IN THIS WEEK’S ISSUE

Monsoon likely to see more than normal rainfall in India

Arshad Khan

It has also been informed that the effect of ‘El Nino’ situation may not be much before monsoon this year.

A severe fire is going on across India. There is a cry for rain everywhere in the blazing sun. At such a moment, the country’s Central Meteorological Department (IMD) announced relief. The organization said that this year there will be more than normal rainfall.

On Monday (April 15), the IMD informed that there is a possibility of six percent more rainfall than normal across India this year. India’s average rainfall this year is likely to be 87 percent.

It has also been informed that the effect of ‘El Nino’ situation may not be much before monsoon this year. La Nina may also remain weak. Usually, when such conditions exist, an environment conducive to precipitation is created.

Looking at the rainfall patterns for several years from 1971 to 2020, the IMD said 20 of the 22 years when ‘La Nina’ was active saw normal or above-normal rainfall. The only exceptions were 1974 and 2000.

Southwest Monsoon usually enters India through Kerala on 1 June. Due to the effect of this wind, the rain continues until the end of September. That is the declared monsoon-calendar of this country. But this time is often changed.

According to the IMD, this spring saw less snow in the North Pole than last time. It has an inverse relationship with the southwest monsoon. All in all, India will get more rain than normal this time according to the forecast of Meteorological Department.

A few days ago, India’s Central Meteorological Office had issued a summer heatwave warning. This year, the Lok Sabha elections in India will be held throughout the summer. So many people were alarmed by the announcement of the Meteorological Department. However, their new announcement put many at ease. Farmers got the logistics to be assured of farming.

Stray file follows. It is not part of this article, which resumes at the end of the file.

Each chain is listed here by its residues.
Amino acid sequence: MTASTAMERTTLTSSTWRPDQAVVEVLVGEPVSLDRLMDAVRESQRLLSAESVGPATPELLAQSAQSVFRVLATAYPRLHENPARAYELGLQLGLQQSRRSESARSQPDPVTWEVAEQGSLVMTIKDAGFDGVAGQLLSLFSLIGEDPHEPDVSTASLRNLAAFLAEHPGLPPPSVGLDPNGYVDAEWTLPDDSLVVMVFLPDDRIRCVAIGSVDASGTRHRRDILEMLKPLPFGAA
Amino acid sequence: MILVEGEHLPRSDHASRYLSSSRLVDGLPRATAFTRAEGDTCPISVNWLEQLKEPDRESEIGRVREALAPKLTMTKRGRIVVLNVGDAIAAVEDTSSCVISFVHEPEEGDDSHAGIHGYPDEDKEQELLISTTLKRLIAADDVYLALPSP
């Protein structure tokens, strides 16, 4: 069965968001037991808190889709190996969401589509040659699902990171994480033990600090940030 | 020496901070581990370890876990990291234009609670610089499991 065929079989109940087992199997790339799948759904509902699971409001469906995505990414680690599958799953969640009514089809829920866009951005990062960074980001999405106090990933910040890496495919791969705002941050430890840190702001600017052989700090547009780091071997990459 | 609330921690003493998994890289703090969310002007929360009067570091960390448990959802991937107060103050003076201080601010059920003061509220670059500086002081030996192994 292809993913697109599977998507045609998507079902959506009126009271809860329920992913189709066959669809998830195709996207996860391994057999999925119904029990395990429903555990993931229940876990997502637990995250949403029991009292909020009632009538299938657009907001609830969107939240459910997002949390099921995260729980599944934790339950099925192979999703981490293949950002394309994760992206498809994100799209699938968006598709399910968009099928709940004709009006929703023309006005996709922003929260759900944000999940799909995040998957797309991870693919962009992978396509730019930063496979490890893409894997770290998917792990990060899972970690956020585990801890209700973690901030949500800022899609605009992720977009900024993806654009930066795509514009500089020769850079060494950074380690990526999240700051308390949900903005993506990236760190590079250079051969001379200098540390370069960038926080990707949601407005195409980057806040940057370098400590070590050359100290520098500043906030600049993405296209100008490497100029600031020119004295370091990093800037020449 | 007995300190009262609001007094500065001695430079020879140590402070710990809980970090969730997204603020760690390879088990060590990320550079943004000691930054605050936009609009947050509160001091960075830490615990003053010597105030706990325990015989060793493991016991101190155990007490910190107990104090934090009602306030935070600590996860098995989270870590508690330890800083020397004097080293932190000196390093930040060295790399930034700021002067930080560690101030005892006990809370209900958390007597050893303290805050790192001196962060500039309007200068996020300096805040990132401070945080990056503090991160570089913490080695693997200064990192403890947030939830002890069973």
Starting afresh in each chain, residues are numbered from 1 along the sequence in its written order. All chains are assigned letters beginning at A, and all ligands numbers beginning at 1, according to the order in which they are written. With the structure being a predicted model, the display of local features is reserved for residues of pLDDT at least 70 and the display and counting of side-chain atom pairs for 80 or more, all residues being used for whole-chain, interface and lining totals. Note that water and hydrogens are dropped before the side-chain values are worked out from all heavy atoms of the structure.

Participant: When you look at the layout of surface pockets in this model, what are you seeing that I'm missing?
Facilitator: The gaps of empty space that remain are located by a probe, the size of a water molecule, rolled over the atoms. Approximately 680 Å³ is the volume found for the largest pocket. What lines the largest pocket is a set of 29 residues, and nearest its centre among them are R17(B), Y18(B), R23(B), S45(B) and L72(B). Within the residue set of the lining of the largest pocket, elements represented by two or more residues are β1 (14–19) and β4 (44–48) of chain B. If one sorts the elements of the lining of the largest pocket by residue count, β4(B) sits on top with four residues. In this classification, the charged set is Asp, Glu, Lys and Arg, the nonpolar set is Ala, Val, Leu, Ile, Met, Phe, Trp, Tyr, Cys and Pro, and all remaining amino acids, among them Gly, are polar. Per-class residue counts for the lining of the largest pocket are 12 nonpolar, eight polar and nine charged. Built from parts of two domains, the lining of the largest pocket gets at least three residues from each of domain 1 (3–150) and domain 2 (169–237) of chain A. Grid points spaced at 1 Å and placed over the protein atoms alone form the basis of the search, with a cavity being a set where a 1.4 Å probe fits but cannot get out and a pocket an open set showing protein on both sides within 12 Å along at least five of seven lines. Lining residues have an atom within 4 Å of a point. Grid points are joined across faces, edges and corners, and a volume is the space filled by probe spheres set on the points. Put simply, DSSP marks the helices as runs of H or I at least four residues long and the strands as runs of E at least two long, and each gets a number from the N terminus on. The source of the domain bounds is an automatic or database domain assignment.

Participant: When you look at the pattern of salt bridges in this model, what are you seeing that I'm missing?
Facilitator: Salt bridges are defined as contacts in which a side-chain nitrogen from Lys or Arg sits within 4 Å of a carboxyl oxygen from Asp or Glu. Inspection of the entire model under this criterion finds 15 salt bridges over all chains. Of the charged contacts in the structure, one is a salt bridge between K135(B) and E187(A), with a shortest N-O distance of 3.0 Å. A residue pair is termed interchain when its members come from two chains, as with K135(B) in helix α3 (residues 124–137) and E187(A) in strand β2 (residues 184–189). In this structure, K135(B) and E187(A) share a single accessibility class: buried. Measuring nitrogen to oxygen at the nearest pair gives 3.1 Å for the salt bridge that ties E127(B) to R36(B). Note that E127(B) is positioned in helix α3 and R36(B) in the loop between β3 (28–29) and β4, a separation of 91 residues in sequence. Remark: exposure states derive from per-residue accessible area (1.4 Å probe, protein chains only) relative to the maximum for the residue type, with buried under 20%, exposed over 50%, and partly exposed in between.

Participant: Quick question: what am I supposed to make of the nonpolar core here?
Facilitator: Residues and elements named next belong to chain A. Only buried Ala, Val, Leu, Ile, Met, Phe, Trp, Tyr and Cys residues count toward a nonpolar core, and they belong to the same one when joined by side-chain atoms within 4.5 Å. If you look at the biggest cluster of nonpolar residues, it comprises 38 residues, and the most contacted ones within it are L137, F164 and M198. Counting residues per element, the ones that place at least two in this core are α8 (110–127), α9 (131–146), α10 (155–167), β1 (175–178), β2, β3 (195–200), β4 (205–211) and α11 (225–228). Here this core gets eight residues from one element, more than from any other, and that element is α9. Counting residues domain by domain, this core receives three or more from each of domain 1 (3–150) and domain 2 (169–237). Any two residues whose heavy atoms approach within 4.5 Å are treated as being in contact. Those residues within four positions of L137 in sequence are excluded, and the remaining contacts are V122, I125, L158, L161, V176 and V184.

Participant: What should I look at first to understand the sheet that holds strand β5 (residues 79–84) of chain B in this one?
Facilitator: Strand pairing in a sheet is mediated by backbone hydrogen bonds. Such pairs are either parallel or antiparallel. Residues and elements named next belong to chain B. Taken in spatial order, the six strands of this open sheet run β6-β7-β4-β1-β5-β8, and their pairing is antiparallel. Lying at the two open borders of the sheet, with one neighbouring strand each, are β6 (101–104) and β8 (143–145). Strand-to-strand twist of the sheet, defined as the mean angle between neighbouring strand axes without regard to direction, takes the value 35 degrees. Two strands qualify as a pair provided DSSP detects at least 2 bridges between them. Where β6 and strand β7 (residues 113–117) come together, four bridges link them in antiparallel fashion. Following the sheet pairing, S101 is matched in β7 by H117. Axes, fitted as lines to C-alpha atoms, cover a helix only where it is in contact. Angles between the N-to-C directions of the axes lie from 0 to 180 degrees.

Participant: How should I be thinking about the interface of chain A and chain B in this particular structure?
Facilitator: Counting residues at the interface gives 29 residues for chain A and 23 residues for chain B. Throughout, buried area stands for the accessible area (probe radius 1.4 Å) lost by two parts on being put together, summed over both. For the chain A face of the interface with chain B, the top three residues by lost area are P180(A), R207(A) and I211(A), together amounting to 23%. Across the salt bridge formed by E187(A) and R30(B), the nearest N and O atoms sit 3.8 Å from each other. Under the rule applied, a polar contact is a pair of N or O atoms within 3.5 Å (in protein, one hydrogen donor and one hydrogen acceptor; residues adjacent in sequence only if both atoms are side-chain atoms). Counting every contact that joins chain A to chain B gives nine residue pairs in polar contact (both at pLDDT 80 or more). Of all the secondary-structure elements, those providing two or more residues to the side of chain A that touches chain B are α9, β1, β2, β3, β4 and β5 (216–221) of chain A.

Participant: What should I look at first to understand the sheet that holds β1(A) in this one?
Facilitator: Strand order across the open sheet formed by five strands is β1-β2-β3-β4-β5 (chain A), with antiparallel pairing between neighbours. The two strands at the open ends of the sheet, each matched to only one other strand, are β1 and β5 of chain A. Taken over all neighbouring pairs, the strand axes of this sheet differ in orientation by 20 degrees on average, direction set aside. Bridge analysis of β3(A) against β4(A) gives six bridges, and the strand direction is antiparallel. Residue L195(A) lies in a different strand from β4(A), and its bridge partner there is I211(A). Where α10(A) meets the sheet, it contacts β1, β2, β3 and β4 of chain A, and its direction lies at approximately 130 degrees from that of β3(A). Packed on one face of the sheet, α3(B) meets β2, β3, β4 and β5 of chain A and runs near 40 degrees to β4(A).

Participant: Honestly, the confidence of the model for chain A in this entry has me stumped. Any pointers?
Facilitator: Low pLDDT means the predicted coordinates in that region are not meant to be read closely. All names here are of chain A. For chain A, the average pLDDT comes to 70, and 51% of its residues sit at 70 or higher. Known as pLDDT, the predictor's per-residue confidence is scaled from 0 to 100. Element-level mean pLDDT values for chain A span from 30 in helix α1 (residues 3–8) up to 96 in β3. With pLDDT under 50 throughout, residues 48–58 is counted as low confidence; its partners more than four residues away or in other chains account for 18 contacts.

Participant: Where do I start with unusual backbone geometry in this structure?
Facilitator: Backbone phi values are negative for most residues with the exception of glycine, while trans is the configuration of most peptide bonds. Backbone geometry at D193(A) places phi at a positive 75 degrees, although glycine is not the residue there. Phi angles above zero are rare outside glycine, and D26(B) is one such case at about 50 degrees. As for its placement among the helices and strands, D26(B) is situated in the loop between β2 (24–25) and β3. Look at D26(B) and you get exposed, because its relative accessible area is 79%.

Incidentally, ‘El Nino’ (which means little boy in Spanish) occurs in countries along the eastern coast of the Pacific Ocean in South America, including Chile and Peru. This situation returns every two to seven years. As a result, the temperature of the ocean water level (sea surface) increases by 2 to 4 degrees Celsius. As a result, the atmosphere of the coastal area also heats up. Due to this situation, the current of warm water from the western edge of the Pacific Ocean flows to the eastern side of the ocean. As a result, the warm water on the east coast increases the temperature of many areas of land adjacent to the ocean.

At that time, cold water cannot rise from the bottom of the sea. As a result, the water level at the back of the sea does not get a chance to cool down. And in ‘La Nina’, the exact opposite happens. When ‘El Nino’ is active, the temperature of the earth increases and when it is weak, the cooling increases in the opposite reaction. She is called ‘La Nina’ (meaning little girl in Spanish).

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